2020 is here.
Usually I am a “Yay! It’s a New Year!” person, but last week I was not.
I was sad. Deeply sad.
“Accumulated sorrow,” a friend once described it.
Grief upon grief encircled me and stole Truth. Courage. And Joy.
I was grateful when Sunday came.
Due to traveling and illness, I’d missed many events and all the special Christmas services in December so I was hungry for church.
This morning I was reminded of how after our first Christmas in Ethiopia, we travelled to a mission-wide retreat at a hot springs ‘resort.’
Early in the morning January 1, 2008, curious me slipped through the security gate and wandered along the asphalt road.
Tin-roofed rectangle buildings.
People out-and-about in the fresh morning air: washing clothes in the hot springs steaming river, gathering at a bus stop, threshing wheat with oxen.
Looking up I saw the outline of a small Orthodox church.
A well-worn trail headed up the hillside and curious me wanted to explore the church, but I wasn’t bold enough to leave the public road.
Soon I heard the calls. “Ferenji! Ferenji!” (Foreigner!)
Everywhere I went, in the city or countryside, when children saw me, they would follow me.
Not just me, any foreigner.
Sometimes I humored the kids; after all, they were just curious like me.
But that New Year’s Day I wanted to be alone.
I ignored them, hoping they would go away.
Their cries signaled to others up the road that an ‘alien’ was coming.
People of all ages came out to watch me walk by.
I hated it.
Just as I was thinking of turning back, I saw a large white sign.
Curious me had to see it.
It was all Amharic, Dr. Seuss-like markings, and to my delight, after 5 months of language study, I could read it!
It said “The Savior of the World Church, This Way.”
I would visit the church on the hill after all.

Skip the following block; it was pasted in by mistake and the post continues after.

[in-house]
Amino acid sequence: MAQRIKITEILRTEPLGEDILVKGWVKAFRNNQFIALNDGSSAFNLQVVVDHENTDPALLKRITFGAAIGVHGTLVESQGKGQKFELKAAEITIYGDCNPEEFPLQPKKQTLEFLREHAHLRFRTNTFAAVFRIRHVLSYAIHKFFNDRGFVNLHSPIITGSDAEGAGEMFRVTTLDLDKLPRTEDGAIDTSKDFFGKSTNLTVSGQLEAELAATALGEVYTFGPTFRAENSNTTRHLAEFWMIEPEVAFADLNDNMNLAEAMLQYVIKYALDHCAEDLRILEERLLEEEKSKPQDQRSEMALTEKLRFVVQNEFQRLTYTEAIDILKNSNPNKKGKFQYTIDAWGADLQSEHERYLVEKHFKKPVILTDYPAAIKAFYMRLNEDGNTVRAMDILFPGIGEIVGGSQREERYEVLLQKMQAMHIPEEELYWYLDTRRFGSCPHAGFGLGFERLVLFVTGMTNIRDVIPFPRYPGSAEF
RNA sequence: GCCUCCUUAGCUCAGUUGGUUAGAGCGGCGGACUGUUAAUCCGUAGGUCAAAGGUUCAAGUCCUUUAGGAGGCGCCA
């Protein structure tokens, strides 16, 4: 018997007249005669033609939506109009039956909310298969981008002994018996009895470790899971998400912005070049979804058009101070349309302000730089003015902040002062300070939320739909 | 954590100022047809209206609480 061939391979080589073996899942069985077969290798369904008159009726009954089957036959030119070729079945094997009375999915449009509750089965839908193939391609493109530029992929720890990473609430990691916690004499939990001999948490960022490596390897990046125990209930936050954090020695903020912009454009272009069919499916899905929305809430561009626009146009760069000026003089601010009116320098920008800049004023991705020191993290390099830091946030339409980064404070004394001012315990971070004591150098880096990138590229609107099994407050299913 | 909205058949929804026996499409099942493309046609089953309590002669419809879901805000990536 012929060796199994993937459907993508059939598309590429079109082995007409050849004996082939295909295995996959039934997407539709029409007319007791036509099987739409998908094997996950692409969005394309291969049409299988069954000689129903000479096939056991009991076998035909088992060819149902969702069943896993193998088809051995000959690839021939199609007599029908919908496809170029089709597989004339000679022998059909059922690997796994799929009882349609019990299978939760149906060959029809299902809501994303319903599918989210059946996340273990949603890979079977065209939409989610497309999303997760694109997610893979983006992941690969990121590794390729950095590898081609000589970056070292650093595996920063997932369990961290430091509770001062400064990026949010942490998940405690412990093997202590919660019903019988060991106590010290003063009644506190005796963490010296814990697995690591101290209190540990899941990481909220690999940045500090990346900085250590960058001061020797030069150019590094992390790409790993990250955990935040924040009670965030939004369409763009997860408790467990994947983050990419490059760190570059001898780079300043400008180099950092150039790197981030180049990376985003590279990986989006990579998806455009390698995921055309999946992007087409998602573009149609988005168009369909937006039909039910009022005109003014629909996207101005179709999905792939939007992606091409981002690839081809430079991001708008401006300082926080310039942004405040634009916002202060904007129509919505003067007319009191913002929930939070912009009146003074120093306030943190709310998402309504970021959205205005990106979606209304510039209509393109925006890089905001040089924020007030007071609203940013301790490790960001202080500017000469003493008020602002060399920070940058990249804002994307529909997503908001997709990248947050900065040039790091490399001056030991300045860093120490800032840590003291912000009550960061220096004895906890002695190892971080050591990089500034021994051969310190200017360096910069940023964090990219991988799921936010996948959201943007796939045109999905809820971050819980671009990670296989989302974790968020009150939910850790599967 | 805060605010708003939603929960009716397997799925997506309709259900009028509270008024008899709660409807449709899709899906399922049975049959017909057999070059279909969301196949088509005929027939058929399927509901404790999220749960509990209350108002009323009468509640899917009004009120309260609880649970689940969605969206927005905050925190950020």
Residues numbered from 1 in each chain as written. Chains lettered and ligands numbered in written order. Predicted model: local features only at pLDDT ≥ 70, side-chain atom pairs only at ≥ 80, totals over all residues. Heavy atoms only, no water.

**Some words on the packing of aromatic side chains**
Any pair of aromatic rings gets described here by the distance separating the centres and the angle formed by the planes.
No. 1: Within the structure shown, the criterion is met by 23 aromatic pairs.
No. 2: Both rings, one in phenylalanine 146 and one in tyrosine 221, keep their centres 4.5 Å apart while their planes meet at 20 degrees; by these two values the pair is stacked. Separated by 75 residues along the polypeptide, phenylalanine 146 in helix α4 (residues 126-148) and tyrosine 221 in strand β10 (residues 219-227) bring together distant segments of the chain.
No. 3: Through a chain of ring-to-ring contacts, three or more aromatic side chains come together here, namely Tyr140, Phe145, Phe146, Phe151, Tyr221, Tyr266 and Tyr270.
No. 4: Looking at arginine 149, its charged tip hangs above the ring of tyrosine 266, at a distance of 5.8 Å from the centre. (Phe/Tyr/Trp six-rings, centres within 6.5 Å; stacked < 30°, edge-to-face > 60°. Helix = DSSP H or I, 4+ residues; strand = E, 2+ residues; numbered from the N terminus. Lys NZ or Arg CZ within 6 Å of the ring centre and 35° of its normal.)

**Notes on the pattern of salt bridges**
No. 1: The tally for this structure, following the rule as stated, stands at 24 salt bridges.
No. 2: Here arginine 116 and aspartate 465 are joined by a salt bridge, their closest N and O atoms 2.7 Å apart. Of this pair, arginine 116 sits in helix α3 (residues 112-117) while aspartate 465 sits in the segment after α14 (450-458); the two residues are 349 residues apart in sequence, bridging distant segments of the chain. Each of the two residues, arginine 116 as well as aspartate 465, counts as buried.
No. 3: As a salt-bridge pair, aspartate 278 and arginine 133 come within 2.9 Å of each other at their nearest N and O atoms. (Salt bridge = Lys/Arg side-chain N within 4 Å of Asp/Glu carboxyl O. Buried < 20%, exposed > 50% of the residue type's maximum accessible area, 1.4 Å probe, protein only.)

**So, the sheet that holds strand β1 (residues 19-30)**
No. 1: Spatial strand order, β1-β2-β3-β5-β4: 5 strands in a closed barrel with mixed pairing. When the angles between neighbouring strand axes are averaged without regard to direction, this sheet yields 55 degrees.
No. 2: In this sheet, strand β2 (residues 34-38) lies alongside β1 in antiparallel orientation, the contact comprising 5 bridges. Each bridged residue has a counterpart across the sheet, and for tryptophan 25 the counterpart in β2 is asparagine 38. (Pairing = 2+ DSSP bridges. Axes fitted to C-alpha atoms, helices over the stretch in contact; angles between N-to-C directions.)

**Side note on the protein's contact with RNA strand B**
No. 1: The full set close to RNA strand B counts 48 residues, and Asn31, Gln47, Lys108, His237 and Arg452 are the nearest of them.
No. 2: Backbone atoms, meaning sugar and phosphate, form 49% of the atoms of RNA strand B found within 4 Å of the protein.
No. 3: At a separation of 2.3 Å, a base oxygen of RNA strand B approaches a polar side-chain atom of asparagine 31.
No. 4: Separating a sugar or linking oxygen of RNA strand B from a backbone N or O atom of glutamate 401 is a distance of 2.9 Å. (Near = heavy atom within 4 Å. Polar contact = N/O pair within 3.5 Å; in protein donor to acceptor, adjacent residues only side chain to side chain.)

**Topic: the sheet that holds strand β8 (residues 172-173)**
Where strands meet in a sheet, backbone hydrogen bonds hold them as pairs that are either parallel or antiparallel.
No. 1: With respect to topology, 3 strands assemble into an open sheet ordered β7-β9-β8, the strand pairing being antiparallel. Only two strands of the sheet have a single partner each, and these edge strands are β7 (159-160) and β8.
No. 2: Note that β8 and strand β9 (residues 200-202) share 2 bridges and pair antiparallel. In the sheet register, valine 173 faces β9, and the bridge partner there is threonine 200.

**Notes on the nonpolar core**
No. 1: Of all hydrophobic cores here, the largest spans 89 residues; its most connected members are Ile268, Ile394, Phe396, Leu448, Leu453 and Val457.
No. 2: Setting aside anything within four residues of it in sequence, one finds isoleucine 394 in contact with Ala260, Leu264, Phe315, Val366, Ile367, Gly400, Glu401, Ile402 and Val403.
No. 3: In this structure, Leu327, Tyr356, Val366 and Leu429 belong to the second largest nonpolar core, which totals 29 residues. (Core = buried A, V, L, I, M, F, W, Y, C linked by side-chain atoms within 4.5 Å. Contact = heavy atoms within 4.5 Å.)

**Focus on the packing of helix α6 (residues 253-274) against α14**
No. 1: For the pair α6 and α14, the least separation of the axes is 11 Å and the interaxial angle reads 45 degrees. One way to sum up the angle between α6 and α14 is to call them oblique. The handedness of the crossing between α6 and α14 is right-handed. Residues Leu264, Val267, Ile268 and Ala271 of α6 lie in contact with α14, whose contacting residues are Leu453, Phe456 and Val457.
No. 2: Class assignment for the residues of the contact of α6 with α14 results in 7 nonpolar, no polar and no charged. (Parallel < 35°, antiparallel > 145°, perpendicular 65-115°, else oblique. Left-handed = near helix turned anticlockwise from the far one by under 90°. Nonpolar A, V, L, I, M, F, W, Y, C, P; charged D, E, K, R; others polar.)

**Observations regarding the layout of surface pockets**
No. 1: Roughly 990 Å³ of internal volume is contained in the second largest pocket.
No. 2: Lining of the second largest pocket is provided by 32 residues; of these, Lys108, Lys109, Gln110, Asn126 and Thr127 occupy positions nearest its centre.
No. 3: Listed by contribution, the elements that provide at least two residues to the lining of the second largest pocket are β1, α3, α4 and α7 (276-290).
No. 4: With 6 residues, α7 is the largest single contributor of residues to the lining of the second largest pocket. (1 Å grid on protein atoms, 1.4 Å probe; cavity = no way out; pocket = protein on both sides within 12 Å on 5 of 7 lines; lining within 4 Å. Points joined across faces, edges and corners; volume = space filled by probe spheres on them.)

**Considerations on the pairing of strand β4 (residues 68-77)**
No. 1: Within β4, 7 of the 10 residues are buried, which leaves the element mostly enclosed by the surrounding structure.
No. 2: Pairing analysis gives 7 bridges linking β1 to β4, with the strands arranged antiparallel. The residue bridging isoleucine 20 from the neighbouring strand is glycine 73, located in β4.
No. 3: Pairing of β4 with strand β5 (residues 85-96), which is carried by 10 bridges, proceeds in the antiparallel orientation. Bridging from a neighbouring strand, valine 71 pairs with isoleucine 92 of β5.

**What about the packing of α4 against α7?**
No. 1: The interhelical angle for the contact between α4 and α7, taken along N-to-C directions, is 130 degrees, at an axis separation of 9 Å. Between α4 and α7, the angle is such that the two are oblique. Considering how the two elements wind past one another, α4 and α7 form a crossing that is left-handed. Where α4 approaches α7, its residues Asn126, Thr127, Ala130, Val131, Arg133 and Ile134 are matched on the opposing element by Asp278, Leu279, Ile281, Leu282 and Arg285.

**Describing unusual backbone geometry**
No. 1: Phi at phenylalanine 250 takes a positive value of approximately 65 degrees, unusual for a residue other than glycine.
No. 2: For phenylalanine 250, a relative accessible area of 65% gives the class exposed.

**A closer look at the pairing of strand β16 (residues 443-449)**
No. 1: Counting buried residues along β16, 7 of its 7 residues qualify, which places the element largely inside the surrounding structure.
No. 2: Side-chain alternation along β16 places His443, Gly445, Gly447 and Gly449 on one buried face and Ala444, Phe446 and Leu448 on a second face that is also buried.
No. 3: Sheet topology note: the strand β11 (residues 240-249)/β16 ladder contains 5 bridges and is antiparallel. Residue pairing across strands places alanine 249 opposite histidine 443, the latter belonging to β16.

A half kilometer of gravel road later, I came to the church wall.
The metal gate was open to the yellow circular building, with its tall tower, where daily calls to prayer were broadcast, and a large artistic cross perched at the top.
Over the main door was a painting of Jesus.
I walked into the courtyard slowly, without looking back, hoping the children would stop following.
No one was around, so I sat down on a cement porch step and watched the sun rising over the next hill, savoring the peace and protection, with a reminder of Jesus’ presence above my head.
“Here You are,” I smiled. “Jesus, Savior of the World. My Savior.”
A holy moment of comfort and joy for this lonely alien . . . .
Last Sunday, I got to church early for choir practice, a new-to-me anthem.
Here are the words we sang:
I am not my own, I am not my own,
Not in body, not in soul, in life or even death.
I belong unto my faithful Savior Jesus Christ.
His own blood has ransomed me, from evil set me free.
In eternal life He gives me hope.
By the power of His Holy Spirit, I will live for Him.
It was another holy moment of comfort and joy, for this sad alien.
I am not my own.
I am not alone, and neither are the friends I grieve with.
We belong to Jesus Christ and He will take care of us all, just as He always has, year after year and forever.
No better way to start a new year that this: singing a new song of truth, comfort and joy.
*This anthem was inspired by the first question in the 1563 Heidelberg Catechism: Q. What is your only comfort in life and in death? A. That I am not my own, but belong to my faithful Savior Jesus Christ.
You can hear it here: https://www.jwpepper.com/sheet-music/media-player.jsp?&type=audio&productID=10554807